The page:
Nonprofit Accounting Challenges: Mastering FASB
Nonprofit Accounting Challenges due to ASC 606
The long awaited standards update has brought forth nonprofit accounting challenges as well as clarification. Since its release, nonprofits have been struggling with the specifics. You may have read our intro to the new FASB here.
FASB’s new revenue recognition model (ASC 606) has replaced a good block of the the existing guidelines for recognizing revenue in exchange transactions. Most private companies, including nonprofits with calendar-year-ends, must implement the new revenue recognition rules as of the December 2019 reporting period. The breadth of impact will vary based on contract terms and the industry in which an NFP operates. For some, there may be no change in regards to the amount and timing of revenue recognition. For others, the change may be significant, especially a nonprofit with conduit debt.
The term conduit debt obligations refers to certain limited-obligation revenue bonds, certificates of participation, or similar debt instruments issued by a state or local governmental entity for the express purpose of providing capital financing for a specific third party that is not a part of the issuer’s financial reporting entity.
Not surprising, nonprofit accounting challenges may result out of confusion on reporting how a nonprofit manages its liquidity and the availability of financial assets. The new standard requires disclosure of qualitative and quantitative liquidity information.
Qualitative refers to how a nonprofit organization manages its liquid resources to meet operational cash needs within one year of the statement of financial position date.
Qualitative refers to the amount of financial assets available to meet cash needs within one year of the statement of financial position date.
Qualitative and Quantitative Disclosures Should Include:
- NFP’s contracts with its customers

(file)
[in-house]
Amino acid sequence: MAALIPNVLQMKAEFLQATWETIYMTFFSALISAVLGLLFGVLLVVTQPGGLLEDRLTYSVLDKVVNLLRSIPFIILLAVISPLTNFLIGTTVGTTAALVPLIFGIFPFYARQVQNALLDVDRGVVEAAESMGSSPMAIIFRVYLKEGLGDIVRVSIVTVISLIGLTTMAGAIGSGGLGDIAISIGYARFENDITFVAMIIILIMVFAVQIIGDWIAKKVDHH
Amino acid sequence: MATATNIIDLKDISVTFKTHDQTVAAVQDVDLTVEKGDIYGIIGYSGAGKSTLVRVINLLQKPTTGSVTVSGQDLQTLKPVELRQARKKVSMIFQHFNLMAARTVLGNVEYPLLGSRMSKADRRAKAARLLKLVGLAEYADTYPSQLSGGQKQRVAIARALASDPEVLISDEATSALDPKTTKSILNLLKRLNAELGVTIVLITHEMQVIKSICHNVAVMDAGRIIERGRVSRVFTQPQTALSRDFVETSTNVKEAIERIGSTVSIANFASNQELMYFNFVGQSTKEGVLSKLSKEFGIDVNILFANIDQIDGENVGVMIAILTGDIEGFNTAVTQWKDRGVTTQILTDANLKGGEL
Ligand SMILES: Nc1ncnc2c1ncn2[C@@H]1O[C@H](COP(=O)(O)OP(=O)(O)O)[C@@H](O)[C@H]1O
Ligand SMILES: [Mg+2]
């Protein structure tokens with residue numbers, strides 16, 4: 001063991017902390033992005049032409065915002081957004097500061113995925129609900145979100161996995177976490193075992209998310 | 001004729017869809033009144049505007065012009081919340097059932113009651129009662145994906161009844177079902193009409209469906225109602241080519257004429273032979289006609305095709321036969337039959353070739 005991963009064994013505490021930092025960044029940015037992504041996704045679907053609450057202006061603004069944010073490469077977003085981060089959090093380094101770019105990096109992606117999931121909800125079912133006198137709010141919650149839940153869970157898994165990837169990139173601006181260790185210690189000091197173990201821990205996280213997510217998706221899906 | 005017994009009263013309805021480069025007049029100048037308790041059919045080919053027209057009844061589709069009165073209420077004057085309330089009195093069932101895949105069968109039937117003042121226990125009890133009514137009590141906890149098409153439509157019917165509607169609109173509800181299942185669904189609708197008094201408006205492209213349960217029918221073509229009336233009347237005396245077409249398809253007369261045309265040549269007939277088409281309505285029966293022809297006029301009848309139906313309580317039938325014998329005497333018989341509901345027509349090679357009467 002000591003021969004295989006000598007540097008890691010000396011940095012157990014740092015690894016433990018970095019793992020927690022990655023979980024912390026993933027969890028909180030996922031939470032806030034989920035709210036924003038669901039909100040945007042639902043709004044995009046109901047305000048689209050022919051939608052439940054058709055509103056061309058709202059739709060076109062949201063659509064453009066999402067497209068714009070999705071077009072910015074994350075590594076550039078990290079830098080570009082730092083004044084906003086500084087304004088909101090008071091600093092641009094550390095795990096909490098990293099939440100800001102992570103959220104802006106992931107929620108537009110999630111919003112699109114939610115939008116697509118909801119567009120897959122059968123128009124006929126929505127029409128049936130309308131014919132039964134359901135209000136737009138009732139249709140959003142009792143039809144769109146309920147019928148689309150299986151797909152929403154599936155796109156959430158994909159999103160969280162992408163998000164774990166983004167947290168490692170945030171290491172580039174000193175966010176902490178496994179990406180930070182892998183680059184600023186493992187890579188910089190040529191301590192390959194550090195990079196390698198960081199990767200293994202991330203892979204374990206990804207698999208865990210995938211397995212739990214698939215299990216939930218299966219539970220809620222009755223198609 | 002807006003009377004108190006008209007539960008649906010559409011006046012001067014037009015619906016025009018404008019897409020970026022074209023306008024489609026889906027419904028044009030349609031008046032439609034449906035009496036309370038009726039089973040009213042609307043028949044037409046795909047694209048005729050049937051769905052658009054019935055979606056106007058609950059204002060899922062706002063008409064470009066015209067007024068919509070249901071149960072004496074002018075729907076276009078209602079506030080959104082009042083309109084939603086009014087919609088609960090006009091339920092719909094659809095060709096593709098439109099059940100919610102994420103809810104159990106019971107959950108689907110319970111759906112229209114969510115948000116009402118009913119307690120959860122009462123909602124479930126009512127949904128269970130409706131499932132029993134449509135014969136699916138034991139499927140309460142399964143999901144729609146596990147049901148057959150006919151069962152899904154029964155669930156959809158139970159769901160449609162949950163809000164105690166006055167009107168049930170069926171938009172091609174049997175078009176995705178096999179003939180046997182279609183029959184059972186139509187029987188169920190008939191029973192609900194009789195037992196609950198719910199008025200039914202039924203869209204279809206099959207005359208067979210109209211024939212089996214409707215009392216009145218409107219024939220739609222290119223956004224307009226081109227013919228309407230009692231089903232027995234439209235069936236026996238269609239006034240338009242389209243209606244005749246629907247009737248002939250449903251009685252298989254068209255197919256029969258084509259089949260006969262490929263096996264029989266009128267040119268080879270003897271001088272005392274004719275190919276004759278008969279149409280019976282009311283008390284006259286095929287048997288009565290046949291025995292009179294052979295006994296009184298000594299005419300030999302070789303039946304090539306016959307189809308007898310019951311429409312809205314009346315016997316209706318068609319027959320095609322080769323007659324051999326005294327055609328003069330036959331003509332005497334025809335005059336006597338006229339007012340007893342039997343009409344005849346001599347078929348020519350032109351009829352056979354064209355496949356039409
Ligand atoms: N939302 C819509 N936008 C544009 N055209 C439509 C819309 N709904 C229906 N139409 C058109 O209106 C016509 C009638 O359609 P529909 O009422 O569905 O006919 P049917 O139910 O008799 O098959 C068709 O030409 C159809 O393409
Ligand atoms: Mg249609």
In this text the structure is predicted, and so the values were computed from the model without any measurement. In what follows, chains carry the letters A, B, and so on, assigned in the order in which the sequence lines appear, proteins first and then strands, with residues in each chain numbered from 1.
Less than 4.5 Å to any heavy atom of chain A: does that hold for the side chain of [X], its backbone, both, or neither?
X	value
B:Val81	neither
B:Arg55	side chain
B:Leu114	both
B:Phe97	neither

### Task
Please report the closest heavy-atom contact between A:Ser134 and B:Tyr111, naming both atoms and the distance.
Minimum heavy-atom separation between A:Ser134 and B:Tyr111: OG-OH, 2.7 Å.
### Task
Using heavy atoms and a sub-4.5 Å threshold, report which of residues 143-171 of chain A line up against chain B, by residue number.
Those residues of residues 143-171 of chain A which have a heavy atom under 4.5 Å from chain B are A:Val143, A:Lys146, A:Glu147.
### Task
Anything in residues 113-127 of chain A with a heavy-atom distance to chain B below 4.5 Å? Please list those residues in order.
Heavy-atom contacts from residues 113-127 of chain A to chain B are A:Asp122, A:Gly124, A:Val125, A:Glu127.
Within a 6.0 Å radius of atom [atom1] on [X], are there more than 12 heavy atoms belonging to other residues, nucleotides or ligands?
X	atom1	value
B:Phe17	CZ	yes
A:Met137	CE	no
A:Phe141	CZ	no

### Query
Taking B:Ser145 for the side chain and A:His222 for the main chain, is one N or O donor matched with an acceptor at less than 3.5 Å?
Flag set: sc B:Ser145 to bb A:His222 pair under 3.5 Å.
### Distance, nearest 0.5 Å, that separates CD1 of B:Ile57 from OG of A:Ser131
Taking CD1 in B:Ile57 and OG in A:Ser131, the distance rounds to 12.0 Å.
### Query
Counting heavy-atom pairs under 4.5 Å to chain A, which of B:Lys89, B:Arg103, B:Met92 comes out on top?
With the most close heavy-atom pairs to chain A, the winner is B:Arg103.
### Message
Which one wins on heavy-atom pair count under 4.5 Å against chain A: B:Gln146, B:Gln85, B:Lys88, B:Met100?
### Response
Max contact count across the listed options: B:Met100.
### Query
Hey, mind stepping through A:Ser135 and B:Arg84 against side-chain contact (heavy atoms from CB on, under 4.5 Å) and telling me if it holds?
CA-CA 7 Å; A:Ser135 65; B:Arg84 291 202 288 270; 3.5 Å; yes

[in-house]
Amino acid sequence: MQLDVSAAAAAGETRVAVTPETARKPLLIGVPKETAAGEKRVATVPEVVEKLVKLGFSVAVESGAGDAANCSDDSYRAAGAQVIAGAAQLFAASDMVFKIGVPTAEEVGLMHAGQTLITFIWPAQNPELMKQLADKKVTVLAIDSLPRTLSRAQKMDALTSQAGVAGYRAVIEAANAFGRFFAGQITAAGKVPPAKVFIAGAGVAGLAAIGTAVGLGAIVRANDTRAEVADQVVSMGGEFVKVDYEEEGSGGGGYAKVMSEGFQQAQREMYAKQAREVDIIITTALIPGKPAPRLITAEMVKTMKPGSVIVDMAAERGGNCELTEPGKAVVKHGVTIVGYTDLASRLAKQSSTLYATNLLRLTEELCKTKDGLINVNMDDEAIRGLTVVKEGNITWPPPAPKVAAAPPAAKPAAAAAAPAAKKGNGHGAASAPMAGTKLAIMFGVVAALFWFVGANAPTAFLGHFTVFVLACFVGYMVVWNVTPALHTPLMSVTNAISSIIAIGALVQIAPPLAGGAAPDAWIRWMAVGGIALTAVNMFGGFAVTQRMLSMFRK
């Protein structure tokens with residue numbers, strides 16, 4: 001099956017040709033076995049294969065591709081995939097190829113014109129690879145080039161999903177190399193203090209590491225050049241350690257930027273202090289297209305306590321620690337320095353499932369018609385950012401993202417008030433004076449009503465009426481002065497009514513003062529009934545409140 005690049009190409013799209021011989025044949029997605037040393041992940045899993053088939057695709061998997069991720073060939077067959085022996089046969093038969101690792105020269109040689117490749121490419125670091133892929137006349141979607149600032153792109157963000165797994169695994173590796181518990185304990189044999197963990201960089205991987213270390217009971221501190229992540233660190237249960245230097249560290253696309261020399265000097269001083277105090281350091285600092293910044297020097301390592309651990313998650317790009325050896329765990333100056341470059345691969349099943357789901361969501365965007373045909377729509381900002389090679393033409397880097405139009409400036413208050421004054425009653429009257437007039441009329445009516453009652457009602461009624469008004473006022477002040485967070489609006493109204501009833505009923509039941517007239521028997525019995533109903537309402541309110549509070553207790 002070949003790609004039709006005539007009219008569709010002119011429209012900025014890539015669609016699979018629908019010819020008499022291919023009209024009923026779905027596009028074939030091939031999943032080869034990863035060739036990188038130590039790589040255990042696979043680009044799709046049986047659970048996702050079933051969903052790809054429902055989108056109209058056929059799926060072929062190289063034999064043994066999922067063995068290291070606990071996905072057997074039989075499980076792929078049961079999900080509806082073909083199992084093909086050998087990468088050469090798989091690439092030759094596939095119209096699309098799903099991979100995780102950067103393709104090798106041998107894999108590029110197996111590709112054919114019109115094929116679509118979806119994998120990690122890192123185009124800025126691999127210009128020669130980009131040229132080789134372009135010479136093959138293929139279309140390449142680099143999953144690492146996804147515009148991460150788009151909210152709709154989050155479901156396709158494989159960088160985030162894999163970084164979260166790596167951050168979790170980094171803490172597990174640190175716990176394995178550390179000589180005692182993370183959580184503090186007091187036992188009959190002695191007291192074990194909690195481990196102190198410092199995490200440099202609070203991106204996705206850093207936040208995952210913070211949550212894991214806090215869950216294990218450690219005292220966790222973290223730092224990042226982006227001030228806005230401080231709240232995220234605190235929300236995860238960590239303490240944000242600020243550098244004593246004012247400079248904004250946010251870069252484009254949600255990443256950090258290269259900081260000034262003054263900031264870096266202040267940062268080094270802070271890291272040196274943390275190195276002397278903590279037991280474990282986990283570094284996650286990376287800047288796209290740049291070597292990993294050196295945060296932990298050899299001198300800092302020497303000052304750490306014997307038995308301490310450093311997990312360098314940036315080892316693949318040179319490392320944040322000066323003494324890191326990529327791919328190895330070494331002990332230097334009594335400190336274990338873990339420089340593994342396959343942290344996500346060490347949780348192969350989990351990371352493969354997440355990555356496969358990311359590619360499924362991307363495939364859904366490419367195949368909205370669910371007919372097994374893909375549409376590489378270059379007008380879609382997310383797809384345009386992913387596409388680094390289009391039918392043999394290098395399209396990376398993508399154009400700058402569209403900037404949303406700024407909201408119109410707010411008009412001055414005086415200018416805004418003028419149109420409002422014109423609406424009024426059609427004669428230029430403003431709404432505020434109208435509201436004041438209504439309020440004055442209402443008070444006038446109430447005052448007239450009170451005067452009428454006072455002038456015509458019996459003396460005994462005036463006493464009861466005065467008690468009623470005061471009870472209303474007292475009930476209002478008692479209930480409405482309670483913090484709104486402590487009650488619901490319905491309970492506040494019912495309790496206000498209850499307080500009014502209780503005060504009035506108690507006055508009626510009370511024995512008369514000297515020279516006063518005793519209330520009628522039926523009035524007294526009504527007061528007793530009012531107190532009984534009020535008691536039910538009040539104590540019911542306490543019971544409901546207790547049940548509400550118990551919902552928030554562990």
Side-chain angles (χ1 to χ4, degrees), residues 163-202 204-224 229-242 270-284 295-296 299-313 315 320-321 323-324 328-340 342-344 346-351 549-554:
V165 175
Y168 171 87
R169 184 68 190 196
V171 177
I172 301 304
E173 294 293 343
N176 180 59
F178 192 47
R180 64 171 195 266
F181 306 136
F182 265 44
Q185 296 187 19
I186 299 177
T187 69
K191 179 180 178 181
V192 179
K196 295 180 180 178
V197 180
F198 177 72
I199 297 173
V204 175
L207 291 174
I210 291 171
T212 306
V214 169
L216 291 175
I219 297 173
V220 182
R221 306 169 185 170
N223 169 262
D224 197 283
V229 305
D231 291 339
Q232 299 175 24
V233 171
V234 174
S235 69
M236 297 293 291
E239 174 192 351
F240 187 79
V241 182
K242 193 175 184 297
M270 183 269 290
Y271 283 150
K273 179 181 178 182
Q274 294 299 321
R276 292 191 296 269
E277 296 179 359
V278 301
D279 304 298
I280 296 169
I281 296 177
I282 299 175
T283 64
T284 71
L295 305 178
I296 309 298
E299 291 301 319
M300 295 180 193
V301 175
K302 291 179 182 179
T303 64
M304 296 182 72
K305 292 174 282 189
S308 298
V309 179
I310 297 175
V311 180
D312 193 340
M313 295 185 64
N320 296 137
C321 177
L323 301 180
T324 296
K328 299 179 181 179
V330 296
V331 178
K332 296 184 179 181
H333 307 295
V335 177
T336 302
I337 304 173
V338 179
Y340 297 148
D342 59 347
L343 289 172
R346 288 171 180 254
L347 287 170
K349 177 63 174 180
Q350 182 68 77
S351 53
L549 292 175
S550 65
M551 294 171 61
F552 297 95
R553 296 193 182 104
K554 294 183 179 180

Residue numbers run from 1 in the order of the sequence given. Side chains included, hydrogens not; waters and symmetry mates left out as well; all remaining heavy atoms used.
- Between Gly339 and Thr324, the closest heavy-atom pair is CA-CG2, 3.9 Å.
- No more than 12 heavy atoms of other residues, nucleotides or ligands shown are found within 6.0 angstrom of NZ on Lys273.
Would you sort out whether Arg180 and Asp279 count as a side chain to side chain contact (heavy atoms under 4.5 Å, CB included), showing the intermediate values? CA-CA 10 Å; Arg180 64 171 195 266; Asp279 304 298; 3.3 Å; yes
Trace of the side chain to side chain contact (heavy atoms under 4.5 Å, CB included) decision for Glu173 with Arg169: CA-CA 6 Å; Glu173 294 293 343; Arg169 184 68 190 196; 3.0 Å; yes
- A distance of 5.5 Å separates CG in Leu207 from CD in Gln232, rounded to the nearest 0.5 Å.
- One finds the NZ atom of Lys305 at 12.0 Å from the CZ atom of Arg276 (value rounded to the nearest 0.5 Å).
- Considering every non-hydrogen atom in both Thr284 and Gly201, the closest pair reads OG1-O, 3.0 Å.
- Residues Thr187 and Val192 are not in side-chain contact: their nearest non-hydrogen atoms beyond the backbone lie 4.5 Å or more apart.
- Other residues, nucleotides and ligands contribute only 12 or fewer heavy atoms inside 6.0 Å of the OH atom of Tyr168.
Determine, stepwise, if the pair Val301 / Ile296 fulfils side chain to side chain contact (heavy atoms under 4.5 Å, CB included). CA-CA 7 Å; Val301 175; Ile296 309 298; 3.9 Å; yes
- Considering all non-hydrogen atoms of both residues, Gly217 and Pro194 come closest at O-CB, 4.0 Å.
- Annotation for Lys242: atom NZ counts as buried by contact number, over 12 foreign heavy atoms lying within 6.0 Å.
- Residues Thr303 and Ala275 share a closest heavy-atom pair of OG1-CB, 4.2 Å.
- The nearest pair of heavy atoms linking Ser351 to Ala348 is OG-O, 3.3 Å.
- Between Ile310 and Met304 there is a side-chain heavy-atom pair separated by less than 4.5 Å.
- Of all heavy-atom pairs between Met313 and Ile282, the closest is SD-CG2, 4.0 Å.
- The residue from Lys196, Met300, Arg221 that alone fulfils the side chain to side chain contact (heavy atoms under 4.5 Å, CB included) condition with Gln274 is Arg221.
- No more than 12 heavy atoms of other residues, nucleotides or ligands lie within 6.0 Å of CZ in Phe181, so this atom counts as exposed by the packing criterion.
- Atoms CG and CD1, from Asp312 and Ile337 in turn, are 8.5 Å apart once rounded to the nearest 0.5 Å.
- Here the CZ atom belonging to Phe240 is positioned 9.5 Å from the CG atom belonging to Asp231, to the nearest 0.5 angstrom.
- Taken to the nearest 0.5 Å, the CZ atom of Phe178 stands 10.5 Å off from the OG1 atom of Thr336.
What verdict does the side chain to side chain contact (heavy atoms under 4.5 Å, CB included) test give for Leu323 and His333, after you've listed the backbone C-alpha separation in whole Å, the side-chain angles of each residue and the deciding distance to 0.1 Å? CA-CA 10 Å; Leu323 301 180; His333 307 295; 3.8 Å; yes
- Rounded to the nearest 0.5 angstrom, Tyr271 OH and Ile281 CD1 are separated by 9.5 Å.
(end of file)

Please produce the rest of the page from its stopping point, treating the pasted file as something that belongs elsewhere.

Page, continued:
- Significant judgments made in applying the revenue recognition guidance to those contracts
- Information about any assets recognized for contract costs
To get a better understanding of what the new liquidity disclosure might entail, FASB provided a sample note disclosure in the Accounting Standards Update (ASU) as follows:
“NFP A has $XXX,XXX of financial assets available within one year of the balance sheet date to meet cash needs for general expenditures consisting of cash of $XX,XXX, contributions receivable of $XX,XXX, and short-term investments of $XX,XXX. None of the financial assets are subject to donor or other contractual restrictions that make them unavailable for general expenditure within one year of the balance sheet date. The contributions receivable are subject to implied time restrictions but are expected to be collected within one year.
Nonprofit Accounting Challenges due to Revenue Recognition
What should be included in your revenue stream to avoid nonprofit accounting challenges? Nonprofits must evaluate the following types of contracts to determine applicability to ASC 606:
- Federal and state grants and contracts
- Products and services
- Royalty agreements
- Conferences and seminars
What should be excluded to reduce nonprofit accounting challenges?
Certain types of contracts, contributions and collaborative agreements may be excluded to minimize nonprofit accounting challenges. Some contracts with customers that are specifically excluded from this standard include lease contracts, insurance contracts, financial contracts, and guarantees. It is important to note, since contributions are both voluntary and nonreciprocal, they also do not fall under ASC 606.
Nonprofit Accounting Challenges due to Evaluation of Grants and Contracts
FASB acknowledges the nonprofit accounting challenges in distinguishing between grants as exchange transactions or contributions. As a result, on June 21, 2018, FASB issued Accounting Standards Update (ASU) No. 2018-08, Clarifying the Scope and the Accounting Guidance for Contributions Received and Contributions Made.
Essentially, a contract is a legally binding document in which the parties make promises to deliver a product or service in exchange for money. On the other hand, a grant is when one party grants funds to another party to do something with the expectation that the task can be completed. The grants and contracts standard defines the distinction between donor-imposed conditions and donor-imposed restrictions on contributions. It amends a recipient’s capacity to use what is known as the simultaneous release accounting policy option.
Although the ASU does not change the current disclosure requirements for contribution transactions, many nonprofits will need to add the required disclosures for conditional contributions for transactions that were previously accounted for as exchange transactions.
To reduce your nonprofit accounting challenges, carefully evaluate whether to handle your nonprofit accounting internally or via an outsourced accounting firm. If you are interested in internal implementation, make sure you have the bandwidth and time to implement these critical changes on your own.
Non Profit Accounting Solutions
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